Inter-company transactions across borders are growing rapidly and becoming much more complex.
A transfer price is a price applied in a transaction between related parties (two companies or a company and an individual).
A transfer price must be arm’s length, meaning it must match the market price that two independent entities would apply in a similar transaction under the same or similar (comparable) conditions.
Tax authorities are keeping a closer eye on the growing number of cross-border, inter-company transactions, imposing stricter penalties and new documentation requirements.
Complying with these requirements can be complicated and time-consuming. So every multinational company needs to have a coherent and defensible transfer pricing policy grounded in the very real climate of change in which they are operating.
By considering transfer pricing carefully, you will be able to:
We can help you embed your transfer pricing policy within your wider business strategy by:
Transfer pricing risk evaluation is an assessment of related-party transactions aimed at identifying tax risks. This involves evaluating the transaction, the transfer pricing methods applied, and relevant documents such as contracts, invoices and accounting policy.
Transfer pricing documentation is a file supporting your related-party transactions to help you defend your arm’s length prices in the event of a dispute with the tax authorities.
Benchmarking studies aim to measure the arm’s length level of prices or profits in transactions between unrelated companies. Data searches will use your company’s internal data and international commercial databases such as AMADEUS.
Advance pricing agreements can be signed with the tax authorities to determine the arm’s length price of a particular transaction or type of transaction that exceeds or will exceed €1.43m a year.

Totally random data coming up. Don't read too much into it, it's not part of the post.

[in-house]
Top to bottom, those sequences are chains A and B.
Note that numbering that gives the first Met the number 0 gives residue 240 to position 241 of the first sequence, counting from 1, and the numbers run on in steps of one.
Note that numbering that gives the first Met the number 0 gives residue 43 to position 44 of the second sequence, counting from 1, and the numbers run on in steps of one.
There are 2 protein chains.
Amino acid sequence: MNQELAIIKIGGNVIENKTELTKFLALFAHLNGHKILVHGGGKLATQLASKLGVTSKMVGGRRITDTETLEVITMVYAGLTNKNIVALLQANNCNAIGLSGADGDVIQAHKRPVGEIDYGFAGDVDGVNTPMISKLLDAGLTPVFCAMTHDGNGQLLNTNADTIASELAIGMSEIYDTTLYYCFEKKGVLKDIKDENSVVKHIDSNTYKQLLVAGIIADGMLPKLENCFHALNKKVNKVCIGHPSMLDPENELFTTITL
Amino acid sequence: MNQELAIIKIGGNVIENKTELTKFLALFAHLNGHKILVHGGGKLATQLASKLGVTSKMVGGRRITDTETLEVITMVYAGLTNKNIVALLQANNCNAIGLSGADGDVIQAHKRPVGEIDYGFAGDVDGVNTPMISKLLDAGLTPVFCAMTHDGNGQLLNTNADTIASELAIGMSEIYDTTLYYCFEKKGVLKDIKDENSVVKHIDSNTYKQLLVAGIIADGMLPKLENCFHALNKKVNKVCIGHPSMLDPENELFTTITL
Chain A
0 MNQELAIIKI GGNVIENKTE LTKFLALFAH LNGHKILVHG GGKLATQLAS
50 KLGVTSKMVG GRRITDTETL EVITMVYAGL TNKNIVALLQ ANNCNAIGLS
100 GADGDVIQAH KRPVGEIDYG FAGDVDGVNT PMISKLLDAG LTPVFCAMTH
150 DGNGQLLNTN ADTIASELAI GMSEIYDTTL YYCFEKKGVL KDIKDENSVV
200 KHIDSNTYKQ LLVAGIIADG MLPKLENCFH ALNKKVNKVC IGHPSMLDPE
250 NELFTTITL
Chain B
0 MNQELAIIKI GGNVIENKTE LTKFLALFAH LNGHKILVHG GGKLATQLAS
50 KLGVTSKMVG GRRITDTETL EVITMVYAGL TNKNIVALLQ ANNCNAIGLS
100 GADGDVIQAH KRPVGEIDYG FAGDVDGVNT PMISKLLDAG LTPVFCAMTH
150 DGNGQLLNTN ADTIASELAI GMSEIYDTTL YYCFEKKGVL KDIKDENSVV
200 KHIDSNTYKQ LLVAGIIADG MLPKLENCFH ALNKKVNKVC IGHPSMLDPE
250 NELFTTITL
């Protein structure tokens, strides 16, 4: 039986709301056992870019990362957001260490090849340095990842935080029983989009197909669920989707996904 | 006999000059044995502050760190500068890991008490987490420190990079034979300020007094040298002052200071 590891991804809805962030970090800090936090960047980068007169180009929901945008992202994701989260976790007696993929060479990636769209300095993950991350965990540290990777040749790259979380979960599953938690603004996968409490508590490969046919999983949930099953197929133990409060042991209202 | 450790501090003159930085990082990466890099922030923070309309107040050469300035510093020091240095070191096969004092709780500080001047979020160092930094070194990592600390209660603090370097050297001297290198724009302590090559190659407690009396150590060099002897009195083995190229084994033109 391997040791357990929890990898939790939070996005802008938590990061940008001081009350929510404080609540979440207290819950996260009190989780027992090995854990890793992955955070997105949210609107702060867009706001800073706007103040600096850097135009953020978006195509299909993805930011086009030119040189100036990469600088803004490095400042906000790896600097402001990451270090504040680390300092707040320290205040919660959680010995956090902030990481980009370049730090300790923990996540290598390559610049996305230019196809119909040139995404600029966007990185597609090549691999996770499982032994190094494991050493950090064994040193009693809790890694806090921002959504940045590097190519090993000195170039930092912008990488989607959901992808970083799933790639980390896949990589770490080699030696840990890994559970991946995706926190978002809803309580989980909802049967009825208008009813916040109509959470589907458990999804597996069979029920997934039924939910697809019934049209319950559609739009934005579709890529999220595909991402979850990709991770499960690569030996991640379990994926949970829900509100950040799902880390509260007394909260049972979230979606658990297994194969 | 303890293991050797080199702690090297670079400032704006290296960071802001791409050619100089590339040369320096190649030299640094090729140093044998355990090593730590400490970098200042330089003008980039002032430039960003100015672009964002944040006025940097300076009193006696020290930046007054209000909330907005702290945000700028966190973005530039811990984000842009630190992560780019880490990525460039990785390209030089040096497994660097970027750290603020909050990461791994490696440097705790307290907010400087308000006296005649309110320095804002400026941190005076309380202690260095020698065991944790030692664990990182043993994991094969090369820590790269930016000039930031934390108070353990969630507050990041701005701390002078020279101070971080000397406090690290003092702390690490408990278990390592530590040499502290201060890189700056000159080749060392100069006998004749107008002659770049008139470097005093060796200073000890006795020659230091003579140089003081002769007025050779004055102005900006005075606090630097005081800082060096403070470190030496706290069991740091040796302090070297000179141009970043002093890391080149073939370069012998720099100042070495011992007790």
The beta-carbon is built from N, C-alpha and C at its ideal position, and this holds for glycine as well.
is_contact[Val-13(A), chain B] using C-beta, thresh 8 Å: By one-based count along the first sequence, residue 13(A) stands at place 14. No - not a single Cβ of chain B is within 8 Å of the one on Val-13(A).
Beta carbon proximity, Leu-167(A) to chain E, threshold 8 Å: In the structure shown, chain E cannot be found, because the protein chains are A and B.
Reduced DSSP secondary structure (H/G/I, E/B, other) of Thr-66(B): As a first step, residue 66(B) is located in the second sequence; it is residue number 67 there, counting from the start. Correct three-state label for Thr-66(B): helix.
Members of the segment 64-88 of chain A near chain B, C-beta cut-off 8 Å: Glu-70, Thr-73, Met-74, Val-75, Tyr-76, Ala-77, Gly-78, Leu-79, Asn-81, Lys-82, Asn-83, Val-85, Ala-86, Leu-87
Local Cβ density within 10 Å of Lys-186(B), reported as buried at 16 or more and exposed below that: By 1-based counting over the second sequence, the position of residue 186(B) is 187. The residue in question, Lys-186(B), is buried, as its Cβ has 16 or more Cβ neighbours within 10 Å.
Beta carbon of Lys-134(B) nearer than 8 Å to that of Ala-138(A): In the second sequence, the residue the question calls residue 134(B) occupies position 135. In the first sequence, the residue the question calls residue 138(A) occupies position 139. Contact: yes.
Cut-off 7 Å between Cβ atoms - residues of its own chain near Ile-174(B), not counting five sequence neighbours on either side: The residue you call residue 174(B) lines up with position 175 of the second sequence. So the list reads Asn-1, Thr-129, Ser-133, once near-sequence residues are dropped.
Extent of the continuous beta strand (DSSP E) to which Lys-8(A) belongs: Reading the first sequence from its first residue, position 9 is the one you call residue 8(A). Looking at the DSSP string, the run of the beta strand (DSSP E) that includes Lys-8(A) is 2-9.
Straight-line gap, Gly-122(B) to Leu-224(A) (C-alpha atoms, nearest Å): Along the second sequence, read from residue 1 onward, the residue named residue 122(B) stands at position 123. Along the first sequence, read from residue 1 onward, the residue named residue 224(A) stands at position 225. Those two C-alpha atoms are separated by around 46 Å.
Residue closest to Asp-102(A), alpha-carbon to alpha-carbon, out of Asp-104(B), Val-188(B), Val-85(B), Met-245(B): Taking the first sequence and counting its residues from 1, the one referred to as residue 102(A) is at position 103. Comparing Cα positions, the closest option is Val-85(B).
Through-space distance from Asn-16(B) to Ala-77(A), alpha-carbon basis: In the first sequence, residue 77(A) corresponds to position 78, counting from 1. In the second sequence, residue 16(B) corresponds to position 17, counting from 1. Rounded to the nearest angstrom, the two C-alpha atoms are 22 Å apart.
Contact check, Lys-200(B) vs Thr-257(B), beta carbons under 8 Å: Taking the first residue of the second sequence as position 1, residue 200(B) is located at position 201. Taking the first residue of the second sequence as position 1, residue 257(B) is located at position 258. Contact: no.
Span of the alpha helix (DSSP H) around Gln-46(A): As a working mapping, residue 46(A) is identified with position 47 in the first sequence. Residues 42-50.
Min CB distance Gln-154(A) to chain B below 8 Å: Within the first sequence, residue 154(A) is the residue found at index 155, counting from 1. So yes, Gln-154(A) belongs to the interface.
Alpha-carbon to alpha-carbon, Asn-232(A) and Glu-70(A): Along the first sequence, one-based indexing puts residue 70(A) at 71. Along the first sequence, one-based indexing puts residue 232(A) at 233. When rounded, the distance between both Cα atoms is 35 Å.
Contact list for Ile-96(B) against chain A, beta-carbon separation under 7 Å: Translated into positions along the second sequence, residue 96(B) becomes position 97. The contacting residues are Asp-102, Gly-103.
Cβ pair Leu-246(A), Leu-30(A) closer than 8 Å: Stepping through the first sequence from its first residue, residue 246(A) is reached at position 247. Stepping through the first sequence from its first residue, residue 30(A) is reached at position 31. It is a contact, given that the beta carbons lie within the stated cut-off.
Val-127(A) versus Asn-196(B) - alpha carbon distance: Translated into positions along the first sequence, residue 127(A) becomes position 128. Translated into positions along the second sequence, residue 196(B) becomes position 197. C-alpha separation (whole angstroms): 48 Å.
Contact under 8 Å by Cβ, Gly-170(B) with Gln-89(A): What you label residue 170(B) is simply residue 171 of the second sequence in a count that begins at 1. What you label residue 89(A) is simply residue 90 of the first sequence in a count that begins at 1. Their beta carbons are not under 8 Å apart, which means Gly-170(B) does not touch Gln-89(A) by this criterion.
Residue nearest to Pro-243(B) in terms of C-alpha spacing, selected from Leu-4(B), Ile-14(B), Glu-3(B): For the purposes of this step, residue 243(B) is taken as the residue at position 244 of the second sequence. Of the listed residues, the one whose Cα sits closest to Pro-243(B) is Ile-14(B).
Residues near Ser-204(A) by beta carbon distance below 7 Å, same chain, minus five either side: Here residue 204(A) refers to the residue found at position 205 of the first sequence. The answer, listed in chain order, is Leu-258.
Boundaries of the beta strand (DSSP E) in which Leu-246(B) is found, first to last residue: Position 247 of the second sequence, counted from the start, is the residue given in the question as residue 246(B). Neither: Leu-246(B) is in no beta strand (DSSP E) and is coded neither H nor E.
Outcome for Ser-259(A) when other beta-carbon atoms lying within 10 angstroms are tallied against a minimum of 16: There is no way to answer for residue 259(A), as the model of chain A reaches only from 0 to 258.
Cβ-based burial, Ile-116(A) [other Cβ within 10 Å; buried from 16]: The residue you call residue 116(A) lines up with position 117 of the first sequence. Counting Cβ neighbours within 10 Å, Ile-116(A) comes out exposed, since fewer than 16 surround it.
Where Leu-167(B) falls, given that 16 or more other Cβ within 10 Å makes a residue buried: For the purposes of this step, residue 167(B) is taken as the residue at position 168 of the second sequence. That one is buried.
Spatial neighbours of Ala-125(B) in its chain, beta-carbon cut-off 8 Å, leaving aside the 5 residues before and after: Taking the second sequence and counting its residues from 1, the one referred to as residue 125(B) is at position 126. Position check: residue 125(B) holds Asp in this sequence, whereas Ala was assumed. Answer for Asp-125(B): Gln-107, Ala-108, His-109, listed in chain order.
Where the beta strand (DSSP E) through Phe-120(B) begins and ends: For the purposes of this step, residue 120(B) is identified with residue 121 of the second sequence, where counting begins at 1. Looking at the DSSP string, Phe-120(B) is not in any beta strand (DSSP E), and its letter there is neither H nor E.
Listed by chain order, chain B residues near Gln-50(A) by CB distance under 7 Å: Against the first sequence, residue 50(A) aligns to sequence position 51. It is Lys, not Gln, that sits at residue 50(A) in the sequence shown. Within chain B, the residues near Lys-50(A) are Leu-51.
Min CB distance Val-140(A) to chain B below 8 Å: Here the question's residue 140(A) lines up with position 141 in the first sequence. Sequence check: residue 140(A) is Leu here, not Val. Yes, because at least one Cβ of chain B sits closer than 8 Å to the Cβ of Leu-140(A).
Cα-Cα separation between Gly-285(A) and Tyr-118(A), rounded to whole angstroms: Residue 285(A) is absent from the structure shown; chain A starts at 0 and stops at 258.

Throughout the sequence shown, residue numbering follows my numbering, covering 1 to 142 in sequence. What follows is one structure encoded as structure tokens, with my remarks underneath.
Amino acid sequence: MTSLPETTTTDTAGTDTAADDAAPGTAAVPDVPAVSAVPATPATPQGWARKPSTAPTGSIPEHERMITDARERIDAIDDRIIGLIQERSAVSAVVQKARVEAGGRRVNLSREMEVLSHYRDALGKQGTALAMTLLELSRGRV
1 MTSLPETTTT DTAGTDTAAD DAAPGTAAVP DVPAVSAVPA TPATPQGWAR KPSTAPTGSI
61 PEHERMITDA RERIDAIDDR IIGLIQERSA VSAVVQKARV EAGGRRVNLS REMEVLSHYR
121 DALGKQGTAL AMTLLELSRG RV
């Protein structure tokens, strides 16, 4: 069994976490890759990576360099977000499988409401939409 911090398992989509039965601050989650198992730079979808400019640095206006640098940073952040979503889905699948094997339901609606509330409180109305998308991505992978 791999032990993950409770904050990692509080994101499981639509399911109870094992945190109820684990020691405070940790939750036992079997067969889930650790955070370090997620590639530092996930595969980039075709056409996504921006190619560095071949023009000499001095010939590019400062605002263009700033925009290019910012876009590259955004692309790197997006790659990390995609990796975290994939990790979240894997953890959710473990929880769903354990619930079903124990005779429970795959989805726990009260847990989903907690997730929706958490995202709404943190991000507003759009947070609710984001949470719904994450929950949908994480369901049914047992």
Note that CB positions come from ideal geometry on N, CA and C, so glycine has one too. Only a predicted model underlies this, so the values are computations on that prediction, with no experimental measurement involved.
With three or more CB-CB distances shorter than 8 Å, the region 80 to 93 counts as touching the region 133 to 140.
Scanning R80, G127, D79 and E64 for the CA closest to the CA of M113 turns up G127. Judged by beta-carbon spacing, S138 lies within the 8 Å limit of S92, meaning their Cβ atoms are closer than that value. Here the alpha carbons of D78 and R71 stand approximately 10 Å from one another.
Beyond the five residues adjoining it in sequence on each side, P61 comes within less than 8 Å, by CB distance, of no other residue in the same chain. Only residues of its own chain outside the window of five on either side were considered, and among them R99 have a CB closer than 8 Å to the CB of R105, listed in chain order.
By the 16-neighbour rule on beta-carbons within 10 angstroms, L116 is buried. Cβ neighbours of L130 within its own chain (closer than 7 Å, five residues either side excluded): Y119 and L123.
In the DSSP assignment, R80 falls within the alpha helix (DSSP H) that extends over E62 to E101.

Unlike documenting the prices of existing transactions, the purpose of devising a transfer pricing policy is to make plans for future transactions or restructure existing transactions. For example, transfer pricing policy planning can include:
Changes to the business environment force groups to restructure from time to time. Restructuring can have various goals such as saving cost or improving performance. However, transfer pricing should be considered in any group restructuring. Examples of restructuring goals include:
Depending on your particular aims, PwC will offer to design a tax-effective group structure, make transfer pricing plans for your intragroup transactions, and provide tax and legal advice to help you implement the new structure.
In tax practice the form of a transaction frequently matters more than the substance, and so it is crucial to prepare basic transfer pricing documents such as contracts and invoices correctly.
PwC’s offerings include:
PwC has experience of representing clients in dealings with the tax authorities. For example, PwC can draft a transfer pricing document supporting certain transactions, prepare answers to any questions the tax authorities might ask during a tax audit, take part in your final tax-audit discussions with the tax authorities, and appeal to the Director General of the State Revenue Service and to the courts against any unfavourable decisions.